AUSTIN, Minn. — Thursday, Feb. 15, 2018 — Mower County landowners now can get paid by the state for allowing their private land to be open to public hunting for nine months of the year.
On Wednesday, the Mower Soil & Water Conservation District’s Board of Supervisors approved an agreement that adds Mower County to the Walk-In Access (WIA) program run by the Minnesota Department of Natural Resources (DNR).
With 46 counties already enrolled this season, the WIA program provides public hunting on private land while compensating landowners for allowing the access to hunters. Through WIA, more than 26,700 acres of private land have been open since Sept. 1 for public hunting at more than 230 sites in western and south-central Minnesota and will remain open through May 31.
Jim Kellogg, a supervisor on the Mower SWCD board, led the effort to add Mower County to the DNR’s walk-in access program, which mainly covers Minnesota’s western half and only has gone as far east as neighboring Freeborn and Steele counties.
“Mower County has a big need for public hunting land, and we hope this new opportunity will benefit both hunters and landowners locally,” said Kellogg, who represents four townships in Mower County’s southeast corner.
With current enrollment going until April 27, interested landowners in Mower County should contact Mower SWCD technician Larry Callahan, the lead WIA local contact, about potential enrollment in WIA.
Under WIA, land must be at least 40 acres in size or be contiguous with another WIA parcel that covers at least 40 acres. WIA targets land with high-quality natural cover and gives priority to land enrolled in a conservation program, such as Conservation Reserve Program (CRP); Conservation Reserve Enhancement Program (CREP); Reinvest In Minnesota (RIM), Wetlands Reserve Program (WRP) or other state and federal programs.
In Mower County, nearly 4,800 acres already enrolled in the CREP, CRP and RIM conservation programs are on parcels of at least 40 acres.
“This is a great opportunity for landowners to get additional income on conservation land and pay the taxes on non-productive ground,” said Justin Hanson, Mower SWCD district manager.
While most enrolled WIA parcels are grassland and wetlands, some river bottom and other forested parcels have been accepted by DNR into the program. This provides an opportunity to harvest deer, turkey and other woodland species on WIA land.
Payments to enrolled landowners — who are provided liability protection by the state — are based on number of acres enrolled, length of agreement and proximity to state Wildlife Management Areas (WMA) or Waterfowl Protection Areas (WPA).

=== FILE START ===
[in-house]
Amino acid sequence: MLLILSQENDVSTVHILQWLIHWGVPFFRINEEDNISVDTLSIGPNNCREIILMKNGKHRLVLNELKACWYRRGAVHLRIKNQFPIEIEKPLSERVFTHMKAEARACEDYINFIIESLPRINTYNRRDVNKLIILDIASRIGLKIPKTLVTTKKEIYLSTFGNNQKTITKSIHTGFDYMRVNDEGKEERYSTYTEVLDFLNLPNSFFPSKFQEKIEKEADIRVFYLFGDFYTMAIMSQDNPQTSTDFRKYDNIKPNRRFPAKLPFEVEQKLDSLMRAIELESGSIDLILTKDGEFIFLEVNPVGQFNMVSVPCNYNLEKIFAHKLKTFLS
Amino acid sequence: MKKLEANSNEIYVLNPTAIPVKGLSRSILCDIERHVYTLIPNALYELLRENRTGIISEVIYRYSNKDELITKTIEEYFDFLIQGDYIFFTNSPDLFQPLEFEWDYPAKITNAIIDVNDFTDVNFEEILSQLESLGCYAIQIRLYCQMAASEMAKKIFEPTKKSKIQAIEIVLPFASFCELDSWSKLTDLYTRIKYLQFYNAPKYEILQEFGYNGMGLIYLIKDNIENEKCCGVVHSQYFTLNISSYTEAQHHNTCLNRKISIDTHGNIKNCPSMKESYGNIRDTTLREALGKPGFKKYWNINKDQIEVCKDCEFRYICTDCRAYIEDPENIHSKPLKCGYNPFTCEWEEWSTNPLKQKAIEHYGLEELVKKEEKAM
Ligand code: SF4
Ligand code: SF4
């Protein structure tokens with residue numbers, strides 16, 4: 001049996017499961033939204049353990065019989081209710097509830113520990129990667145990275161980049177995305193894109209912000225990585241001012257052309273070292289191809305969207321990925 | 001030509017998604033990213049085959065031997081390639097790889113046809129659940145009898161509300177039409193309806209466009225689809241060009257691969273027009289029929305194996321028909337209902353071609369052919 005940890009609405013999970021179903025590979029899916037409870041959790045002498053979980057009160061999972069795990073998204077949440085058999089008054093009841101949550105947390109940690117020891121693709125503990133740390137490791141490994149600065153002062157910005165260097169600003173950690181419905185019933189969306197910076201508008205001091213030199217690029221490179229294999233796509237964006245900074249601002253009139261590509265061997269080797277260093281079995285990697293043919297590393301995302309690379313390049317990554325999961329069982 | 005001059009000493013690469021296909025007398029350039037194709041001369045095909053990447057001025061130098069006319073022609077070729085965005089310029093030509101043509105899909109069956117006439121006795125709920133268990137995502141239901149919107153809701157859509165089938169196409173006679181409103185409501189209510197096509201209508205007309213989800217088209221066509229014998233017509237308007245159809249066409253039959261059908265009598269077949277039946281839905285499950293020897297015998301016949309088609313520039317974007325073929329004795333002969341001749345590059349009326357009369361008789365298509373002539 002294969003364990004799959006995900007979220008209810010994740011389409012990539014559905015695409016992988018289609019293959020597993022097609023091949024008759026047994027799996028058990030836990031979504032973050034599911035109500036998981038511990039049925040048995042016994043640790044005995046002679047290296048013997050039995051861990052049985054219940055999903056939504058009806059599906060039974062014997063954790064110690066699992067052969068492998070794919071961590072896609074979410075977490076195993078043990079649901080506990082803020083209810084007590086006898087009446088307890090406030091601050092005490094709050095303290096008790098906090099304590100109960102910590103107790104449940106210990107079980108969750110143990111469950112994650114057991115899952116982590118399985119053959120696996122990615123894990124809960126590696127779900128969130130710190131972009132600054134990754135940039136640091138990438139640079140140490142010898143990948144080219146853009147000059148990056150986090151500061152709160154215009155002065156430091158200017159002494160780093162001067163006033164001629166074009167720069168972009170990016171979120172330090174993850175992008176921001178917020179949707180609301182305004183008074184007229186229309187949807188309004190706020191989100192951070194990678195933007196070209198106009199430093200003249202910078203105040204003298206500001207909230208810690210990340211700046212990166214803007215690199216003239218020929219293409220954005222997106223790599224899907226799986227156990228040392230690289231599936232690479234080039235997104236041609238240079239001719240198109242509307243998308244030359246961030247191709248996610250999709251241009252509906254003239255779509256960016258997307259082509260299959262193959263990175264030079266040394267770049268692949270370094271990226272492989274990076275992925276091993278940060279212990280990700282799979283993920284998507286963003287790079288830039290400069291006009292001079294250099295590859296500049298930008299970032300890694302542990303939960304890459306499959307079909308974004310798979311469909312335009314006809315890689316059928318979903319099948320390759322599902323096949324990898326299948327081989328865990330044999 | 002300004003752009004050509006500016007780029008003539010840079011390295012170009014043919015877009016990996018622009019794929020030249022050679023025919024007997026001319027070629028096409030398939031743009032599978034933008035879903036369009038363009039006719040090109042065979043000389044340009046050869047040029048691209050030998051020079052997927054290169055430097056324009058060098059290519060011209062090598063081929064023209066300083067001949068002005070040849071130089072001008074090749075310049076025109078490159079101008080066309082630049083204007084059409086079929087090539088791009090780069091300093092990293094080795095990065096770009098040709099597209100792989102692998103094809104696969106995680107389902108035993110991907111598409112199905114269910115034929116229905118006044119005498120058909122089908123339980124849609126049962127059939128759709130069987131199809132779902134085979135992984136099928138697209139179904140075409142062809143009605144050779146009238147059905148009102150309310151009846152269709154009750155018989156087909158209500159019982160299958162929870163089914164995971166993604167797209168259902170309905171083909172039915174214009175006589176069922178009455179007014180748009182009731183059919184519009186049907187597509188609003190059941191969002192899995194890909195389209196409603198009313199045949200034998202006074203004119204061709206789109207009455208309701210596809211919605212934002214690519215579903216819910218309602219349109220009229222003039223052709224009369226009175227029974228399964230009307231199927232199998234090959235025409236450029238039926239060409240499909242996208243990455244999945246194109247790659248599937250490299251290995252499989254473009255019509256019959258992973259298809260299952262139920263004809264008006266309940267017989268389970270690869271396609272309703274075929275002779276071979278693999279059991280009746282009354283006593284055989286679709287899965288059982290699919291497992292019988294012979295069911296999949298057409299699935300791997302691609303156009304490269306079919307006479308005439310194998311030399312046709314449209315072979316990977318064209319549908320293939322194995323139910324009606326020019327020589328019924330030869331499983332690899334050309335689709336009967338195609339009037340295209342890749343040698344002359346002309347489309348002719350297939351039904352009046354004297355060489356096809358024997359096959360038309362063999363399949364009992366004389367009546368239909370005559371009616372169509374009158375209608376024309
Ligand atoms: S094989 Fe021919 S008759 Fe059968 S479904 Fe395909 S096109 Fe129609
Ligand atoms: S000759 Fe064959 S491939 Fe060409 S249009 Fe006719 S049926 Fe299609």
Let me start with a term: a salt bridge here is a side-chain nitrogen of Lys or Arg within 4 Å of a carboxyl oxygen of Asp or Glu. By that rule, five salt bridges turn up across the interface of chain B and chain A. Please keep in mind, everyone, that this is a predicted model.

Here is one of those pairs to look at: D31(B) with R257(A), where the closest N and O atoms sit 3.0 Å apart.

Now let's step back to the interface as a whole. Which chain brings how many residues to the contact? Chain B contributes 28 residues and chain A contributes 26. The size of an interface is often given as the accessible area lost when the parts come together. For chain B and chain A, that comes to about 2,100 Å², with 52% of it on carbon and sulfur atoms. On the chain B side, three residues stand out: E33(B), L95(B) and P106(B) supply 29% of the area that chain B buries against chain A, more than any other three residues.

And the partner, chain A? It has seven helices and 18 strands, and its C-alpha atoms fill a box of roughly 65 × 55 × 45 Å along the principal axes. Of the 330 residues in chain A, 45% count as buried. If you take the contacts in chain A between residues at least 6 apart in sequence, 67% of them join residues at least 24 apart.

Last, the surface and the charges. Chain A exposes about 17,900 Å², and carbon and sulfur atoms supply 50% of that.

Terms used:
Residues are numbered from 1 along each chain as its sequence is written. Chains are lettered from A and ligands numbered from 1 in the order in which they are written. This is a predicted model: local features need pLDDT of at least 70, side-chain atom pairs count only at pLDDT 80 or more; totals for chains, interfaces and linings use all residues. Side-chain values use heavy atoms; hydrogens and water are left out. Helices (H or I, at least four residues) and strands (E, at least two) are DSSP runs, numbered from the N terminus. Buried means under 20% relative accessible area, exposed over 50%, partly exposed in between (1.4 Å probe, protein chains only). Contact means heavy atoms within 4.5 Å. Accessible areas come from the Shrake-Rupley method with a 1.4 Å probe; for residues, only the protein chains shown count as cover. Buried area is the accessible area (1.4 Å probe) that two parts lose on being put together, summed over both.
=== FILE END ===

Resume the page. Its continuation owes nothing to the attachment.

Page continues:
Land not enrolled in a conservation program might be eligible if high-quality, natural cover exists and is maintained by the landowner. Property within 500 feet of a home or corral occupied by livestock cannot be enrolled in WIA, unless they are occupied by the cooperator or his/her livestock.
Enrolled parcels must be accessible from a public road; their habitat must be maintained through the WIA enrollment period; and landowners or the state may terminate the WIA contract at any time (effective 30 days after written notice is received).
To legally access WIA land, hunters must have a Walk-In Access Validation, which is available for purchase $3. The fee does not cover costs associated with purchasing access, installing boundary signs or providing online or printed maps of the enrolled WIA properties. The validation fee’s purpose is to help the DNR monitor how many hunters are using WIA land.
Only small inclusions of cropland or hay land may be present in WIA parcels.
Rules for the WIA program include:
- WIA sites are for public hunting only.
- Motorized vehicles are not allowed on WIA properties.
- Individuals with a WIA validation can hunt from 30 minutes before sunrise to 90 minutes after sunset during open hunting seasons, with no landowner contact necessary from Sept. 1 to May 31.
- No target practice, trapping, dog training, camping horseback riding or fires are allowed by the public.
- WIA landowners retain the right to engage in or give written permission for another individual to engage in, those activities listed above and other limited activities that do not impede public hunting, at any time of the year.
- Parking is along roads or in designated parking areas. Vehicles must not block field entrances.
- All hunting rules and regulations apply on WIA land and will be enforced by DNR conservation officers.
For more information, landowners can contact Mower SWCD at 507–434–2603 or go online at: mndnr.gov/walkin